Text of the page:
Figure 7.

(top)0 Time series (1979–2005), based on NCEP/NCAR (solid lines) and ERA40 (dotted lines) reanalysis data, of the mean latitudes (averaged over all longitudes) at which 100, 200, and 300 d/a had tropopause levels higher than 15 km. (bottom) The latitudinal width of the tropical belt, as measured by the distance between the NH and SH 300, 200, and 100 d/a isolines from the NCEP/NCAR data.

[16] Figure 7 also shows comparable results from the ERA40 reanalysis for 1979 to 2001. The positions of the SH isolines are in good agreement in the two reanalyses. However, the NH 300 d/a isolines are closer to the equator in NCEP/NCAR than in ERA40, and in both hemispheres, ERA40 shows less interannual variability than NCEP/NCAR.

[17] The NH and SH time series in Figure 7 are anticorrelated. The two 300 d/a latitude time series have correlation coefficients of −0.86 and −0.69 for the NCEP/NCAR and ERA40 reanalyses, respectively. This suggests that on an interannual basis the tropical belt in the two hemispheres expands and contracts like two lungs inhaling and exhaling in tandem. Regression analysis indicates that the NH 300 d/a isolines move about 1.0 (NCEP/NCAR) or 0.5° (ERA40) per degree movement of the corresponding SH isolines. The two reanalyses are in closer accord for the 200 and 100 d/a isolines, with both showing 0.6 to 0.7° movement of the NH lines per degree movement of the SH lines.

[18] This interannual expansion and contraction of the tropical belt appears to be related to interannual changes in temperature. Using satellite microwave sounding unit tropical (20°N–20°S) temperature observations [Mears et al., 2003], we find statistically significant (p < 0.02) correlations between detrended time series of the width of the tropical belt and tropical lower stratospheric temperature (r = −0.50) and midtropospheric temperature (r = 0.49), with no significant correlation between the tropospheric and stratospheric temperatures (r = 0.04). Here we use the Spearman nonparametric correlation to ensure the result is resistant to outliers and robust to potentially non-Gaussian data distributions. Whether these temperature changes in the troposphere, stratosphere, or both drive the tropopause changes seen here remains an open question.

5. Summary

[19] Radiosonde and reanalysis data reveal a bimodal distribution of tropopause heights in the subtropics of both hemispheres, between ∼28 and 40° latitude, with one mode above 15 km (the height of the tropical tropopause) and the other at altitudes of the extratropical tropopause below 13 km. Since 1960 (in the radiosonde data) and since 1979 (in both data sets), the frequency of high/tropical tropopause days per year in the subtropics has increased by about 1–3 weeks per decade. Using the mean latitude experiencing 300 d/a of high tropopause as a delineator of the tropics, the tropical belt has expanded by 3.1 ± 1.4° latitude per decade, with somewhat smaller trends (1.8 ± 0.6 and 1.7 ± 0.6) based on the 200 and 100 d/a locations. The expansion into the SH is more zonally uniform than in the NH, where it appears to be restricted to the western half of the hemisphere. On an interannual basis the SH and NH parts of the tropical belt tend to move poleward and equatorward in tandem. Tropical belt expansion (contraction) is associated with anomalously low (high) tropical lower stratospheric temperatures and anomalously high (low) tropical tropospheric temperatures. This tropopause-based analysis of the width of the tropical belt indicates a 5–8° latitude expansion during 1979–2005.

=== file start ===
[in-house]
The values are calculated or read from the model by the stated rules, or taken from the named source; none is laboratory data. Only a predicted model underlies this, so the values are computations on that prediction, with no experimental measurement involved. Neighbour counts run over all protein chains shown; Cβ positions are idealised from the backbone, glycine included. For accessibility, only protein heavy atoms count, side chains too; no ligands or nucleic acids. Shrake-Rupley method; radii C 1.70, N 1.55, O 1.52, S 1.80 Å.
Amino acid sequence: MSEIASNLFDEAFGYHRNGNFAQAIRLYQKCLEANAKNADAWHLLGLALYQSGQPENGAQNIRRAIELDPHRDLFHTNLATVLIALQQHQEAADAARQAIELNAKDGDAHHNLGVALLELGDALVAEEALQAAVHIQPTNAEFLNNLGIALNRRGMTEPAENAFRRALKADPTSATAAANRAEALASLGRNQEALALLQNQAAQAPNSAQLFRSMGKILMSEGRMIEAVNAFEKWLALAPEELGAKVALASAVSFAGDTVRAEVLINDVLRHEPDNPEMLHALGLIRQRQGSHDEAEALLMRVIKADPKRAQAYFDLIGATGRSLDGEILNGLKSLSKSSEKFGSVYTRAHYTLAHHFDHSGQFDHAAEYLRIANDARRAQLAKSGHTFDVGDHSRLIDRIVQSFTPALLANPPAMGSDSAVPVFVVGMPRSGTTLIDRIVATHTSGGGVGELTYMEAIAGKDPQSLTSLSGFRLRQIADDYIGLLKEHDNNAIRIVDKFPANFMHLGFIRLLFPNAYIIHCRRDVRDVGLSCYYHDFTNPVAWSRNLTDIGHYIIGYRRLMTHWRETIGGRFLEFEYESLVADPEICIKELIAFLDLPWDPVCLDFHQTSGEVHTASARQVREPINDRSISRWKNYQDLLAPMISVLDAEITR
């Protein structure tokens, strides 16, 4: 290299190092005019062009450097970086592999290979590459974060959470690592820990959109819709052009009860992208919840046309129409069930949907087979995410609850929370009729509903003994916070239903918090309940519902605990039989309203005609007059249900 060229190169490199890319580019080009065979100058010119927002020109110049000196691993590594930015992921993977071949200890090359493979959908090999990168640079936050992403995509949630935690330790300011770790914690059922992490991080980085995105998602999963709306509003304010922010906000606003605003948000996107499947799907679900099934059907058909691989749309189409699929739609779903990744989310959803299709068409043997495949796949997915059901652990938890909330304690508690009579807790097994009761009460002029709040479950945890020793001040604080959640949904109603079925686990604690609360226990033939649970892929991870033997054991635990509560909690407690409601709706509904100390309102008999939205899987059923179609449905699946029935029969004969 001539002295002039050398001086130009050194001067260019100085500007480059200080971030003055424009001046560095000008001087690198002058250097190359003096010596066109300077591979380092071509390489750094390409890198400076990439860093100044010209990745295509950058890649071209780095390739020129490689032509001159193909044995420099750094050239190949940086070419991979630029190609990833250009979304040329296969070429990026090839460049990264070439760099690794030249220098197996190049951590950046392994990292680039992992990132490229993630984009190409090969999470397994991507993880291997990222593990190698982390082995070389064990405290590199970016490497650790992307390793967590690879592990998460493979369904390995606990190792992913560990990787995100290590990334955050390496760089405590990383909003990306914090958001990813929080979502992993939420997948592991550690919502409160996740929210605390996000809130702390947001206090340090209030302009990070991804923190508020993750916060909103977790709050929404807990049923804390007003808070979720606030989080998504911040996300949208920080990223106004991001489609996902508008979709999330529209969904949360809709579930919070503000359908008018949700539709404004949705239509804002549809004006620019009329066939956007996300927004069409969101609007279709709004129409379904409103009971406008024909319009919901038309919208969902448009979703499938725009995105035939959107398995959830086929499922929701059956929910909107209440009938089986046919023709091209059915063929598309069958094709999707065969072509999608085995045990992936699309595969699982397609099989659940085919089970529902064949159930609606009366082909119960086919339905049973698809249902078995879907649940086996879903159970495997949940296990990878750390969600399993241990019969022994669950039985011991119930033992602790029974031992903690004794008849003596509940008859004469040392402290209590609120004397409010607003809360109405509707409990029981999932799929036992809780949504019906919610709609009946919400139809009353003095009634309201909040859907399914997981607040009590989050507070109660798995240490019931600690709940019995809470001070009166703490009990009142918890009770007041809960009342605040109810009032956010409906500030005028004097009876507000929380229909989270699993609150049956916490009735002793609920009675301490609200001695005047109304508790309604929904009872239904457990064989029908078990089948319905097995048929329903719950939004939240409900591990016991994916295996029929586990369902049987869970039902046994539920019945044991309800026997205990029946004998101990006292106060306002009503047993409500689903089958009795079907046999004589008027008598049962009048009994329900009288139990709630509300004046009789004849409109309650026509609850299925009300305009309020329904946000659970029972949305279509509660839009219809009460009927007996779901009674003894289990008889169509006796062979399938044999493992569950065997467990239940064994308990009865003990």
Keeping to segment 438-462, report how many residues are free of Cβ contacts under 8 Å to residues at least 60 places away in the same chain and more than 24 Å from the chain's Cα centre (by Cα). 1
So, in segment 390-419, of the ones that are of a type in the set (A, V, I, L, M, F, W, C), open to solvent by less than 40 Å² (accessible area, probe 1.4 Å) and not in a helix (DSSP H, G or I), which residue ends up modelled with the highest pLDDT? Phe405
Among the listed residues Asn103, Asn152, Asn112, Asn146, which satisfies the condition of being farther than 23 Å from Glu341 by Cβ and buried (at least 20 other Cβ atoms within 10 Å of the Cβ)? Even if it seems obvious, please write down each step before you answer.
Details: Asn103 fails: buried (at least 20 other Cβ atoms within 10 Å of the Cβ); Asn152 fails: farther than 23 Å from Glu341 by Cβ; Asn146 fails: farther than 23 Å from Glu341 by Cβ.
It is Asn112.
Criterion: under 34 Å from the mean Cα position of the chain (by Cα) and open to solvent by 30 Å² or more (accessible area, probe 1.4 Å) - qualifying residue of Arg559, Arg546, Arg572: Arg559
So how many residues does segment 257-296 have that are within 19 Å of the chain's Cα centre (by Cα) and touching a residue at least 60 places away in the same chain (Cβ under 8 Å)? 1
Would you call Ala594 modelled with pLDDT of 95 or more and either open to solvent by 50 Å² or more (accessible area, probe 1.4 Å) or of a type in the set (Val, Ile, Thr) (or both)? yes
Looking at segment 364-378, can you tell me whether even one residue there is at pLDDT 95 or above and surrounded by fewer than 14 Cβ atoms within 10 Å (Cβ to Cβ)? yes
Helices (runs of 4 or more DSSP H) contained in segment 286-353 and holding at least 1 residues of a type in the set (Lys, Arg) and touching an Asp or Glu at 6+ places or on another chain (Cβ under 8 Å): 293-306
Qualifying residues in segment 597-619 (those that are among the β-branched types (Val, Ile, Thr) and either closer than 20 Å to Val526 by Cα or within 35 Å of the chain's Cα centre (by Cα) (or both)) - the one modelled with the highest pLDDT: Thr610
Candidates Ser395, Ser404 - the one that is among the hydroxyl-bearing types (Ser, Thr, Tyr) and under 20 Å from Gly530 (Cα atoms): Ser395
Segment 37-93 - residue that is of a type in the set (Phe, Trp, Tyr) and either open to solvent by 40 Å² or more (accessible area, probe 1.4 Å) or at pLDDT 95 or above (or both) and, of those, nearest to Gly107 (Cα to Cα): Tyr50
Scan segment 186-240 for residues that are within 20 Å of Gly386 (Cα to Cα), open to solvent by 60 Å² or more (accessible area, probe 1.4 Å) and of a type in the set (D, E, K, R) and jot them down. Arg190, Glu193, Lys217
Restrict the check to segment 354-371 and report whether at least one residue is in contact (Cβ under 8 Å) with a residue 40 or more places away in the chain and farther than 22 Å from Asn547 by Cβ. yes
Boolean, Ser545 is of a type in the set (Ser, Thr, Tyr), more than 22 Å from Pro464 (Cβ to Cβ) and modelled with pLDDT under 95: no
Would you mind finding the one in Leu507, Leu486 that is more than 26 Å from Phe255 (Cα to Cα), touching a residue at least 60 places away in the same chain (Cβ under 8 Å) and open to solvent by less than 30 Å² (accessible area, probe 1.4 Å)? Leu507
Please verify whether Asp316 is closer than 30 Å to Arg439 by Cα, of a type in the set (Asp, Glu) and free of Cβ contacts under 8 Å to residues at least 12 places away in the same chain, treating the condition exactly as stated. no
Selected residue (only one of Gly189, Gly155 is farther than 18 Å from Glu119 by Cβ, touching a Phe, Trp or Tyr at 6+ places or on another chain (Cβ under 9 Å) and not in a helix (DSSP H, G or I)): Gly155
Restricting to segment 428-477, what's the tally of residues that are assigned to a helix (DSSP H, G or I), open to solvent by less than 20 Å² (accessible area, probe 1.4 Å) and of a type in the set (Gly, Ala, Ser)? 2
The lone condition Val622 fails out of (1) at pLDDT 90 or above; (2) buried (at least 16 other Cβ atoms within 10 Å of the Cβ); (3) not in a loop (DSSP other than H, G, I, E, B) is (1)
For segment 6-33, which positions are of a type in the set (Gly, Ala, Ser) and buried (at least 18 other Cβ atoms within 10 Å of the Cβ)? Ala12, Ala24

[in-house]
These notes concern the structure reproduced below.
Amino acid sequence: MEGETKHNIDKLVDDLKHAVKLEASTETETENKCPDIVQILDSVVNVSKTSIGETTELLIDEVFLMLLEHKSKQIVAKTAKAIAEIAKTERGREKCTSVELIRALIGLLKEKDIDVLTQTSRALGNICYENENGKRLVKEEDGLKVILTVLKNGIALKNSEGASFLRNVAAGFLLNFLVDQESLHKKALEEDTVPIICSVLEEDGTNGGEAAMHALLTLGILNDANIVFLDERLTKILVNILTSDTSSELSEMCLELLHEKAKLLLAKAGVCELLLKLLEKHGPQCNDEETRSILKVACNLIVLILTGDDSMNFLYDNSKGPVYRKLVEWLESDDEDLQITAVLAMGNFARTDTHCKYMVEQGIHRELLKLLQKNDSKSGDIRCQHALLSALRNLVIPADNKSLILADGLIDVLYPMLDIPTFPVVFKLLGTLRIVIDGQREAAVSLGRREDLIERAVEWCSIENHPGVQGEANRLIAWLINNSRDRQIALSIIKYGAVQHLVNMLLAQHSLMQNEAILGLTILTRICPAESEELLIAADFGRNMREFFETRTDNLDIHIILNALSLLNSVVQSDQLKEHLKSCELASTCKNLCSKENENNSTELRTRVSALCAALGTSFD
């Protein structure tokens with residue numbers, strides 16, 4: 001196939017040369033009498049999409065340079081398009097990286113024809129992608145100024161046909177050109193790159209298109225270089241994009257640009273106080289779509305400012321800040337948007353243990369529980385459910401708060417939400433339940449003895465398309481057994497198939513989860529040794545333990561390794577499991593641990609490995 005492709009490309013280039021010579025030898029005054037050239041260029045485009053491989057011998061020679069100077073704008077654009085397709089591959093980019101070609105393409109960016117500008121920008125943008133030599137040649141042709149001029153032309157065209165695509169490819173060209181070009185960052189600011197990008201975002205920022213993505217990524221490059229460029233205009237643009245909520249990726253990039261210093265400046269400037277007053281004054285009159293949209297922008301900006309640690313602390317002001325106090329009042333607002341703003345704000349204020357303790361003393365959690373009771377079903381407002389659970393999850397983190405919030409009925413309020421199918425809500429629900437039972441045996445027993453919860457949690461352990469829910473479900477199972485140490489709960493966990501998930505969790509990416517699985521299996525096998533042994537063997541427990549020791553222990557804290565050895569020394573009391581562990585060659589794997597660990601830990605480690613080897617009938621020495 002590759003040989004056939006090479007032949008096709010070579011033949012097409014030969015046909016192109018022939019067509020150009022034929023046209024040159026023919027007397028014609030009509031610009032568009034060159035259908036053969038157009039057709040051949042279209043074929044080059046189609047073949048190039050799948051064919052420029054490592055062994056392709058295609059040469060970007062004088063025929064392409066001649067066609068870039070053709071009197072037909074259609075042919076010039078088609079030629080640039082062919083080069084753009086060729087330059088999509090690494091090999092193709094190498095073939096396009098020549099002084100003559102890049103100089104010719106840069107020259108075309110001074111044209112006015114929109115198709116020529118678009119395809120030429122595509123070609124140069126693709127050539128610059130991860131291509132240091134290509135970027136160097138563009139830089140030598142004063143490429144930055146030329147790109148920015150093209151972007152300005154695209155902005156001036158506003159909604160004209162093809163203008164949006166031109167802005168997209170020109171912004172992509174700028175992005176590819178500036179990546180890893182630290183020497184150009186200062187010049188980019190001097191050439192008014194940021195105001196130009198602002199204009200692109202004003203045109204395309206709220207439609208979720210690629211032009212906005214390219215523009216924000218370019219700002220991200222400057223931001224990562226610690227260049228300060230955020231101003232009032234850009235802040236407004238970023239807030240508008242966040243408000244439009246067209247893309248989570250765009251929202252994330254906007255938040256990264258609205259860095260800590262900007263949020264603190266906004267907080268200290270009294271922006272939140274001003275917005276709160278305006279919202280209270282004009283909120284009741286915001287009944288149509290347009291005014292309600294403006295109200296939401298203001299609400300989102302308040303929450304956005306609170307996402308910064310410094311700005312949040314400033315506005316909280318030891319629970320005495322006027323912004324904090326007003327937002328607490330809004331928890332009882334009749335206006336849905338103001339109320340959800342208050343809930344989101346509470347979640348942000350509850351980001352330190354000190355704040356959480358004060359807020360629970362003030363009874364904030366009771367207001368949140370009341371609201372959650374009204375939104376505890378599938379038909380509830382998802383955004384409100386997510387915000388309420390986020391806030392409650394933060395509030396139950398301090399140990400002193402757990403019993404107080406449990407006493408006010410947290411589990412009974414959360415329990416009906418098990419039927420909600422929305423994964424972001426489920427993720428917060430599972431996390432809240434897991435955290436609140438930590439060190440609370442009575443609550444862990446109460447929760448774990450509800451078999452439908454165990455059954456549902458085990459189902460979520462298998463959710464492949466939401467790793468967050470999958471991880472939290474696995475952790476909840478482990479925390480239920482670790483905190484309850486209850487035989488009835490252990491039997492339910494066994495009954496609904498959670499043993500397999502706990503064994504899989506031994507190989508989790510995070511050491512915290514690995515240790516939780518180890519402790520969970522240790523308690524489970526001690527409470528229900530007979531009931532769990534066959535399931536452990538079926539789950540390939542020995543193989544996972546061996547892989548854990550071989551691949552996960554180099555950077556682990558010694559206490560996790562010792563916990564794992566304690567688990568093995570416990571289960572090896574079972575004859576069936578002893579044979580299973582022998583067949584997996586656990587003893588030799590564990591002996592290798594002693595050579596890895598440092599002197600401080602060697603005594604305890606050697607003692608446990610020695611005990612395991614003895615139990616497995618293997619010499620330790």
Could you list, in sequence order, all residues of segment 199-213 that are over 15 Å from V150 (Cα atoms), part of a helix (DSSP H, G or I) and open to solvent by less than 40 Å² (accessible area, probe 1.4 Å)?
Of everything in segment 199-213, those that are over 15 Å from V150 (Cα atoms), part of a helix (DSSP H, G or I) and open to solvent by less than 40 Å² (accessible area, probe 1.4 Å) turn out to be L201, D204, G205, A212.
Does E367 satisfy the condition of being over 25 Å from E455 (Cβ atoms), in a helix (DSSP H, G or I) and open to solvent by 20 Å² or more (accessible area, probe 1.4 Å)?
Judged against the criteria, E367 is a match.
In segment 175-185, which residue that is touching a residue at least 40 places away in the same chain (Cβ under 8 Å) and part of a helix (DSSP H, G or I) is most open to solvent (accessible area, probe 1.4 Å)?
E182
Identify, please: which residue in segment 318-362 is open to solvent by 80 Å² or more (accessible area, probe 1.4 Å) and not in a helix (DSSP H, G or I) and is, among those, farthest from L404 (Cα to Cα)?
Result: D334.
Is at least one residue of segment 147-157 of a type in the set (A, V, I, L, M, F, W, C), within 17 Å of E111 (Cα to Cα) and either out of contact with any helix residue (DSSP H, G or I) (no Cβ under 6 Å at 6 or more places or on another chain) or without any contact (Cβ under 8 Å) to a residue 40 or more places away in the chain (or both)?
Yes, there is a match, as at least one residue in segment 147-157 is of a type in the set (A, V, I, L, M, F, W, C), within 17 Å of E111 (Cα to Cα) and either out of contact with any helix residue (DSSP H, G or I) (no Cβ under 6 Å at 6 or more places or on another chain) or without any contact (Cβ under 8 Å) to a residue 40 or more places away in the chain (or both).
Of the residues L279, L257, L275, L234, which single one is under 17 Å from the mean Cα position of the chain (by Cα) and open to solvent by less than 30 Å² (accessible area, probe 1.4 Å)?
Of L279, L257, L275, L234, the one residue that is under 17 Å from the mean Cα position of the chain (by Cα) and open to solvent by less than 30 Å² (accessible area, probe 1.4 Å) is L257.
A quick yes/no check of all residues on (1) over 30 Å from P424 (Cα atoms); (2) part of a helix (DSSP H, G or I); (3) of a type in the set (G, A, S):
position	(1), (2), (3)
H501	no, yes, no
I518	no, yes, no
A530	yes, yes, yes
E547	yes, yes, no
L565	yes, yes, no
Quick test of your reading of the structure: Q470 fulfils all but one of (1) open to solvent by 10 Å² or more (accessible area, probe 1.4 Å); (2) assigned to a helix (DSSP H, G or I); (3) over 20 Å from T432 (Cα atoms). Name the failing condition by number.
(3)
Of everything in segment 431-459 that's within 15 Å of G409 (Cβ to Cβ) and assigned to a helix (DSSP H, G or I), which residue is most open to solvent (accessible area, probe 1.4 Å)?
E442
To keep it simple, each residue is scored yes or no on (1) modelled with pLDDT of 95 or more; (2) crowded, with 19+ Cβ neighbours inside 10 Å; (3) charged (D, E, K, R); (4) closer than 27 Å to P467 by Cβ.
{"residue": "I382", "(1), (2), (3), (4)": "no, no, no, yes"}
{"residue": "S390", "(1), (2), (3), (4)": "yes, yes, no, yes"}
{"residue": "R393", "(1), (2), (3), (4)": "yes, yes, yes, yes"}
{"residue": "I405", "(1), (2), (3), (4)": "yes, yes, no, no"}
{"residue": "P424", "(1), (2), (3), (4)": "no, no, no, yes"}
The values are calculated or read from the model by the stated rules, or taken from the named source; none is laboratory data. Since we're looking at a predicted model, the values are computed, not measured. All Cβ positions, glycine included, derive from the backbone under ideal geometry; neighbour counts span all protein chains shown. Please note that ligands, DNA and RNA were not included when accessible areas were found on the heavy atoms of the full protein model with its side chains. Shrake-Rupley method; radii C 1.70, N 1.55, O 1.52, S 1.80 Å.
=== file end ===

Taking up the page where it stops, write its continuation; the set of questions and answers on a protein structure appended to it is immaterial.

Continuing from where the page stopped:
[20] We are grateful to Fei Wu for data processing assistance and to Yair Goldreich (Bar-Ilan University) and Melissa Free and Jim Angell (NOAA) for helpful discussions. Thomas Birner (University of Toronto), Thomas Reichler (Univerity of Utah), and Qiang Fu (University of Washington) provided valuable reviews. This work was partially supported under the NASA ACMAP program. The National Center for Atmospheric Research is sponsored by the National Science Foundation.